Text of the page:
Guelzo generously and rightly credits Hal Jesperson’s excellent maps, which illustrate each chapter. They provide the framework by which the reader can locate the recollections in time and place. But one could wish there were more of them to frame the narrative and support the granularity of the battlefield recollections. Lee believed in the first flush of defeat that he had been let down by his generals, and the extent to which the Confederates felt the absence of Stonewall Jackson is a recurrent theme in the included contemporary accounts and post-war recollections, but it is not clear from the Voices from Gettysburg exactly how Jackson might have turned Confederate defeat into victory.  In general, it would have been easier to follow the combined effects of compact Union interior lines and uncoordinated Confederate attacks on the outcome of the battle with more illustrative diagrams, and, so, to better appreciate Lee’s perspective.

For all that, Voices from Gettysburg is an excellent addition to the Gettysburg canon. It brings home how desperately unsure the outlook seemed to both sides on the eve of Gettysburg, and the mixture of hope and doubt with which they viewed the commanding generals and their armies. Previously, Lincoln’s harsh judgment of Meade’s performance at Gettysburg struck me as almost churlish, but this account reminds one that contemporary observers and participants did not have the luxury of the modern historian’s wider perspective. The political impact of the pervasive McClellan-defined culture on the Army of the Potomac comes to life in the selected letters and memoirs.  The gloom with which Secretary for the Navy Gideon Welles reported Lincoln’s words on 14th July, the Army of Northern Virginia’s escape across the Potomac is a salutary reminder that Lincoln and his Cabinet were anything but sanguine following Gettysburg,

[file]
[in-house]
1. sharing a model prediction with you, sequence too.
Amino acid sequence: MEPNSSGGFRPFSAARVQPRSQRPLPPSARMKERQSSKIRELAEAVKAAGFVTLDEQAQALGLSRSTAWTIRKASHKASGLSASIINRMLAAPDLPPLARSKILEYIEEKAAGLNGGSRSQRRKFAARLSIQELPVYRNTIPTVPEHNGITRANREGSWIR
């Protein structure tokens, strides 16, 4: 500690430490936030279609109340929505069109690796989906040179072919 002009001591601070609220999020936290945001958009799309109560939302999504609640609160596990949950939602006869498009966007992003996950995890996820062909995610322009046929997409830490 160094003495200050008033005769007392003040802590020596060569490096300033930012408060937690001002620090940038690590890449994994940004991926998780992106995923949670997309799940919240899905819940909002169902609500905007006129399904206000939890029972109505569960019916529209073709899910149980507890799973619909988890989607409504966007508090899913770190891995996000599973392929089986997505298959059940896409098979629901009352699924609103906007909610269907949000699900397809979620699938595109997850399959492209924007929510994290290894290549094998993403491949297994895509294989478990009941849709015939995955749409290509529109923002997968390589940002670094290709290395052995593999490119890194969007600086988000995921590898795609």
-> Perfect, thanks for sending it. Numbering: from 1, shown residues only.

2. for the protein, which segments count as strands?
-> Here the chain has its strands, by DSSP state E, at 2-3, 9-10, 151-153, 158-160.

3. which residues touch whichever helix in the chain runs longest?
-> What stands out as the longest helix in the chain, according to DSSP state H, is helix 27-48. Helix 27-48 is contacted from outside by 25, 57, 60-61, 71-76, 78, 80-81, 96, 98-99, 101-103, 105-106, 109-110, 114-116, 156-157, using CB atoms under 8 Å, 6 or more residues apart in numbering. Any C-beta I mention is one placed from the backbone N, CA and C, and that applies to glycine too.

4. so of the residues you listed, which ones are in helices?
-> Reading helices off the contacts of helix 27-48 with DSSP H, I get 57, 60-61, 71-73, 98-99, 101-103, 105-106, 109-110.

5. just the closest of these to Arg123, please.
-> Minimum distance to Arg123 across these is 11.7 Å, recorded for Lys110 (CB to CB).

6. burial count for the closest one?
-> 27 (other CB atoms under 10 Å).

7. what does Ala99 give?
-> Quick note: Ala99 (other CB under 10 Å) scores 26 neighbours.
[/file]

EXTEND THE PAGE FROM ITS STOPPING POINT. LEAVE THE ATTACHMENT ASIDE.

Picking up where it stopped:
“And that, my God, is the last of this Army of the Potomac! There is bad faith somewhere. Meade has been pressed and urged, but only one of his generals was for an immediate attack, was ready to pounce on Lee; the rest held back. What does it mean, Mr Welles? Great God! What does it mean?

What I particularly like is the final chapter on how the battle is remembered. Guelzo’s selection of long-neglected speeches at the dedication of monuments, which concludes with Lyndon Johnson’s speech on the battle’s centenary in 1963, is crucial in elevating this book.  Too often, collected first-hand accounts and recollections can read like a set of adventures, because they lack a philosophical perspective. After all, the contributors were describing what they were doing, not reflecting on the deeper meaning of their participation in the Civil War.

The fierce debate over how the Battle of Gettysburg and the War itself should be remembered runs through Voices from Gettysburg and invites further exploration. Guelzo does a real service to historians by showing our politically conflicted current generation how long and deep runs American uncertainty over the meaning of the Civil War.  Gettysburg veteran, Thomas Merchant could have been speaking today when he warned listeners at Gettysburg in 1889 that:

No monument to treason should have been permitted a place on this or other field, and being there should be returned to the donors, not to be erected elsewhere.

No government is strong enough to glorify treason against itself, nor to encourage it anywhere…

There can be no true call for a union of the blue and the grey. Let all don the blue.”

Allen Guelzo has accomplished the difficult feat of finding a new and original way to introduce Gettysburg to new Civil War historians while still having something to offer to old hands. His premise that Gettysburg was “the Waterloo of the Rebellion” is hardly controversial, but Voices from Gettysburg makes the case in an original way that elevates the discussion. It is a welcome addition to my Civil War bookcase(s!).

5 June 2024